Tue | Jan 25, 2022

Growth & Jobs | Brandon Hill residents look to opportunity with bamboo

Published:Tuesday | November 23, 2021 | 12:08 AMCecelia Campbell-Livingston/Gleaner Writer
Bamboo plants in Brandon Hill, Clarendon.
Bamboo plants in Brandon Hill, Clarendon.
Charmaine Gopaul of Brandon Hill hopes persons will be able to gain an income from bamboo.
Charmaine Gopaul of Brandon Hill hopes persons will be able to gain an income from bamboo.
Anthony Hamilton of Brandon Hill, Clarendon shares that bamboo can be found in abundance in the area.
Anthony Hamilton of Brandon Hill, Clarendon shares that bamboo can be found in abundance in the area.

RESIDENTS OF Brandon Hill in Northern Clarendon have expressed the desire to capitalise on the numerous bamboo plants growing in their community.

Anthony Hamilton shares that, at one point, residents got excited as they heard about a market that had opened up in China and agents would be visiting their community to buy bamboo. He said some of the residents cut the plants and laid them out at the roadside with the expectation of sale, but it only resulted in the plants rotting.

“I am hoping that someone could come in and do the necessary thing, that someone would come in and get the people in the area motivated,” Hamilton notes, as he shared the residents are mostly involved in farming and these days it is slow going.

Highlighting the struggle to send children to school as a result of the financial constraints, he said having a viable bamboo project could make a huge difference.

Charmaine Gopaul, who moved from Milk River in the parish to live in Brandon Hill, said her husband and herself, whose crops include pear and mango, said bamboo can be used to make several items, such as fencing, bench, and furniture. She said it would be great to have an organised group in the community so they can capitalise on it.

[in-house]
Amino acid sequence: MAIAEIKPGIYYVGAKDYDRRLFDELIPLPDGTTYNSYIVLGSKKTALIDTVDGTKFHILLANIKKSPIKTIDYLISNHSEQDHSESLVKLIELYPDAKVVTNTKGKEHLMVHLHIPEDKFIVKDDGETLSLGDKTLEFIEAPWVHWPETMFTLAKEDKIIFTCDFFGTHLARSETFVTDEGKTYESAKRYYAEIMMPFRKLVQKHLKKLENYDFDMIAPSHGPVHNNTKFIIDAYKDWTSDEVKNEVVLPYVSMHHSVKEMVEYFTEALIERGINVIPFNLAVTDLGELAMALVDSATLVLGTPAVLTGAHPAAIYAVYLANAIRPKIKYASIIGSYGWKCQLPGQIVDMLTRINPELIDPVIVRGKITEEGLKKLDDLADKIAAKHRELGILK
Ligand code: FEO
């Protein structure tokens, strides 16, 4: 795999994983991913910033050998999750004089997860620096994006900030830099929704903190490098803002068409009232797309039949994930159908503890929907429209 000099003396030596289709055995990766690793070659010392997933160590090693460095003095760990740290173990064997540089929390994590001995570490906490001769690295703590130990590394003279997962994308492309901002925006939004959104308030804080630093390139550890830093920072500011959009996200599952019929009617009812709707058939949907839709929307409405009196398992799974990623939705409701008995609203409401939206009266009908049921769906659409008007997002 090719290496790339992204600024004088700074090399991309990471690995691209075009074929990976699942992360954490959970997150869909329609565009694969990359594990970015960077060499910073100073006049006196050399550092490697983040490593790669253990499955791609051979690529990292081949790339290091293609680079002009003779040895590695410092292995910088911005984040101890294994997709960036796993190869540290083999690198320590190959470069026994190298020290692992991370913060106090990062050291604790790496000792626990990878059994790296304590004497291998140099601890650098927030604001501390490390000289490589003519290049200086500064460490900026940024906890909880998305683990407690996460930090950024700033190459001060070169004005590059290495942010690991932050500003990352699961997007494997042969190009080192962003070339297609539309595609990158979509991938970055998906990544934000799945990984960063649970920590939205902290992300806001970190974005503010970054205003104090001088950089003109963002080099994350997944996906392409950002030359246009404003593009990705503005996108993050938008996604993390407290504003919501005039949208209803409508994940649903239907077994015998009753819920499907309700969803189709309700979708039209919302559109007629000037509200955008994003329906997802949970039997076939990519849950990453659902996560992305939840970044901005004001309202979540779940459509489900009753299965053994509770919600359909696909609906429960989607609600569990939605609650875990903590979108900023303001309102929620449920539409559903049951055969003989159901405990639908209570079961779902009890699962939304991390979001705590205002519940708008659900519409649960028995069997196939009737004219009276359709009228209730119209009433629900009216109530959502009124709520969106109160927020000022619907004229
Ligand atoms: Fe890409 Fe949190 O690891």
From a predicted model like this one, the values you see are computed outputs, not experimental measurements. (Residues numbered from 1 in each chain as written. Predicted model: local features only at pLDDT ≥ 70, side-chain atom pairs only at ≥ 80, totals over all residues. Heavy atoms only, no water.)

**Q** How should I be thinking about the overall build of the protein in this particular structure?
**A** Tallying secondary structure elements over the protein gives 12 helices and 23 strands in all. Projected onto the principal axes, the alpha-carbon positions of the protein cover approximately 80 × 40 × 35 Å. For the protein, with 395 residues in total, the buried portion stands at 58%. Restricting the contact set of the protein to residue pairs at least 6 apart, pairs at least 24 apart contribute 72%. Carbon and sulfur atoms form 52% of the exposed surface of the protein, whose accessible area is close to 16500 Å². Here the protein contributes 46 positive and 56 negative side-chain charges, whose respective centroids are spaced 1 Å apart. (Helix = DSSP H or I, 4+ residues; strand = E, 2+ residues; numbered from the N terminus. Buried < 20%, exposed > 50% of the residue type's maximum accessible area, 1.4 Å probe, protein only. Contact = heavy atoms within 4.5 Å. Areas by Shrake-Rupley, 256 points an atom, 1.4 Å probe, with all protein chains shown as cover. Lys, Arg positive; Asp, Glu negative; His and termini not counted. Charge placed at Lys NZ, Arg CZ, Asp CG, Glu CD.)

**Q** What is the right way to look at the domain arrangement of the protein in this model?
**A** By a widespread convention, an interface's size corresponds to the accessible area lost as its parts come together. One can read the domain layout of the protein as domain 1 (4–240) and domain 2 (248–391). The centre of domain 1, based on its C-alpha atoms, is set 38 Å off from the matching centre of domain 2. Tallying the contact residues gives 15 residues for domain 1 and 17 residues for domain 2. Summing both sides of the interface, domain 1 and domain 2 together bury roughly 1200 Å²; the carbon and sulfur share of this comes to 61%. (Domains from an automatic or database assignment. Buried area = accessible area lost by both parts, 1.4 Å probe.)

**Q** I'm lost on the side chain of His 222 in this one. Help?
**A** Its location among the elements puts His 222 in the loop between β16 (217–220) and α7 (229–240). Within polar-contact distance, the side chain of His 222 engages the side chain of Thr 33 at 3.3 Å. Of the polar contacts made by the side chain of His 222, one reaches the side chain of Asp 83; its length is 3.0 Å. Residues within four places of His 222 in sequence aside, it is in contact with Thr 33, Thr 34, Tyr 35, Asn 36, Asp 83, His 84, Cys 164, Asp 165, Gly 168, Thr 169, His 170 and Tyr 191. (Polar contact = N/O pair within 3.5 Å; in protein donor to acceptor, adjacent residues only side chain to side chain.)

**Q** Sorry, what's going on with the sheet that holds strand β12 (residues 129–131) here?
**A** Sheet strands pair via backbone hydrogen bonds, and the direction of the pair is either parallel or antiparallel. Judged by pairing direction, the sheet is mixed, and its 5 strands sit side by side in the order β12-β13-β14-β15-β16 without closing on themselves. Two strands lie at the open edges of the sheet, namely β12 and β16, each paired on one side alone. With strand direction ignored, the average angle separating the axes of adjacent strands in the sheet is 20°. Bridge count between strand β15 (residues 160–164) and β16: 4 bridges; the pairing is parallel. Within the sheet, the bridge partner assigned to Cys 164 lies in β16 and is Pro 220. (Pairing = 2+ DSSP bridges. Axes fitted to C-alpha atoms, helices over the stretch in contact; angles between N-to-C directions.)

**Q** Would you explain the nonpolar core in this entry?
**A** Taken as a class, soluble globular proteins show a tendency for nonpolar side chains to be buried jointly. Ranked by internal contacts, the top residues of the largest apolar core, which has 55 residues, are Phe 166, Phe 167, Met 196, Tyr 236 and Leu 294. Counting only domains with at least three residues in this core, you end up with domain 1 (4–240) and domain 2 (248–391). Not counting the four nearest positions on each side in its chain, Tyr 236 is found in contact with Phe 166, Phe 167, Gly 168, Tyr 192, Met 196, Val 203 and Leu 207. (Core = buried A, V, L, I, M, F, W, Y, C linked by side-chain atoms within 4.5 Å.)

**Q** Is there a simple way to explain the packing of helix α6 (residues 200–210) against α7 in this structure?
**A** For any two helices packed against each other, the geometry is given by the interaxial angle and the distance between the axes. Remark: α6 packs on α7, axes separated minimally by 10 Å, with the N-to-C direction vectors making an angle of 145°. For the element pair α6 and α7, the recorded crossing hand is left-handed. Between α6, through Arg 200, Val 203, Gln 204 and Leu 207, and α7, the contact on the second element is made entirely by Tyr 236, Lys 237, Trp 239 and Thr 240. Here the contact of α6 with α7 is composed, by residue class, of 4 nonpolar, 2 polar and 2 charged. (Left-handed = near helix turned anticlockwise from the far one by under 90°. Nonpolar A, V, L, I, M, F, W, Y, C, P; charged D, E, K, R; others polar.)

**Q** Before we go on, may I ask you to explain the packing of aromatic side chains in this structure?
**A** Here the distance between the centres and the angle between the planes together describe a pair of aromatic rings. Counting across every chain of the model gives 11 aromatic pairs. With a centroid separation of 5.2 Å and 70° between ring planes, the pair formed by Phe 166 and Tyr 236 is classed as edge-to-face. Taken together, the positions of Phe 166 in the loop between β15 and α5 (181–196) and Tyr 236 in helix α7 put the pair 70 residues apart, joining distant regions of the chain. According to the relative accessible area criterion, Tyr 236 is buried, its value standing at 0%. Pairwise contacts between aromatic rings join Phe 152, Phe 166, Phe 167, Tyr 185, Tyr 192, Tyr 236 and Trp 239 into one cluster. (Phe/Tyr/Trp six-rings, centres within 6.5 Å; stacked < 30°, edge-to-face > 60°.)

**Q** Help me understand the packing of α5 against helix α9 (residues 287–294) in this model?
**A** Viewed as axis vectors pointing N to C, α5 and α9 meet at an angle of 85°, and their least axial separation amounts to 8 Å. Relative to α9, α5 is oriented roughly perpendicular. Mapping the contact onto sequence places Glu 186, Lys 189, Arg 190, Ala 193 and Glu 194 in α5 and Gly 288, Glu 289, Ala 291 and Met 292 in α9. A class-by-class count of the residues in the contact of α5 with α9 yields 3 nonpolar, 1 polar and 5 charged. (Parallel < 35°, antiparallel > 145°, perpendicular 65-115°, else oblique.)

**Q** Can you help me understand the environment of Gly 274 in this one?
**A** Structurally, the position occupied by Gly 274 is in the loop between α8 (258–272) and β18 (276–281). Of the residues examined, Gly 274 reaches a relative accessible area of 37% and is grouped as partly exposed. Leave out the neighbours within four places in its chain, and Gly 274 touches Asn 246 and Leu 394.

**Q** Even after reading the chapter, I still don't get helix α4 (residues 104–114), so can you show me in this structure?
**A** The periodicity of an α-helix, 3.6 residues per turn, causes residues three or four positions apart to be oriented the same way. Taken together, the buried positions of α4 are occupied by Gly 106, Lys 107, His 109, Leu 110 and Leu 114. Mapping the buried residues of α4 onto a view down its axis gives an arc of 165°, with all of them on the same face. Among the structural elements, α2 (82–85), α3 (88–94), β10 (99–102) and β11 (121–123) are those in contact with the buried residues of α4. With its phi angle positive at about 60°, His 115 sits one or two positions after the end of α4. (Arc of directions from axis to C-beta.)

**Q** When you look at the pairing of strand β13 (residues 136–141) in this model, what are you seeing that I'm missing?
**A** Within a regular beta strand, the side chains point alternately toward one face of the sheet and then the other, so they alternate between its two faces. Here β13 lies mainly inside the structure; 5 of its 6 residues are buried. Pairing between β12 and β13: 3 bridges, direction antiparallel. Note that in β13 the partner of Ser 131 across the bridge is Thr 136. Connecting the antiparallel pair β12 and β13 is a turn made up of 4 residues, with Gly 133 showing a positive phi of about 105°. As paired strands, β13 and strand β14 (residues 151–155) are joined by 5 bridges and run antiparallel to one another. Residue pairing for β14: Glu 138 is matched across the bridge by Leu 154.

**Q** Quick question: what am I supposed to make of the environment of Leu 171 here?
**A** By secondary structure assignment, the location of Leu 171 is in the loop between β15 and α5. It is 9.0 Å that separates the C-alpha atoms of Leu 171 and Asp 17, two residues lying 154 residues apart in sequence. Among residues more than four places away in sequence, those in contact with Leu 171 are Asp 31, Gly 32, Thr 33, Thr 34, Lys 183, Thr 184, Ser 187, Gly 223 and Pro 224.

“We would love to have someone capitalise on the resources that can be gained from the bamboo, which can be an income earner for residents in Brandon Hill,” she shared.

Councillor for the Division Anthony O’Connor, in responding to their cries, shared with The Gleaner that, while he hears their cry and would welcome exploring the possibility, it is not as simplistic as it appears.

Pointing out that a lot of studies need to be done before exploring such a venture, he highlighted the danger the community faces with heavy rainfall.

“The area is known for a lot of landslides, especially when we come into the rainy season. What I will do, I will move immediately to get in touch with the National Environment and Planning Agency and other agencies, as it relates to the removing of bamboos,” he noted.

Acknowledging that there may be areas where bamboos can be removed, he said a project such of this nature is currently in Peckham, the available quantity would have to explored to see if it is viable.

“So it is something that I will approach the various stakeholders to deal with the technicality and then we can have a community meeting organised by the SDC and other local people,” he shared.

Damion Young, who was instrumental in the Peckham Bamboo Project, said the potential for bamboo processing in Jamaica is still significant.

Young, who prides himself on being a community developer and activist, and seeking to position communities to become economically advanced through taking the natural resources to create consumable potentials, said he has been exploring the opportunities to be derived from Bamboo in Manchester. As such, he informed that he has now set up a processing facility to use bamboo to make craft.

Commenting on the Peckham project, he said of the young persons who were actually trained at C Palmer School of Hope in Peckham they had thought to look at aspects of the project there to see if they could replicate it. However, that project fell into a state of dormancy.

“I’m now in discussion with stakeholders to see how it can be resuscitated,” he noted.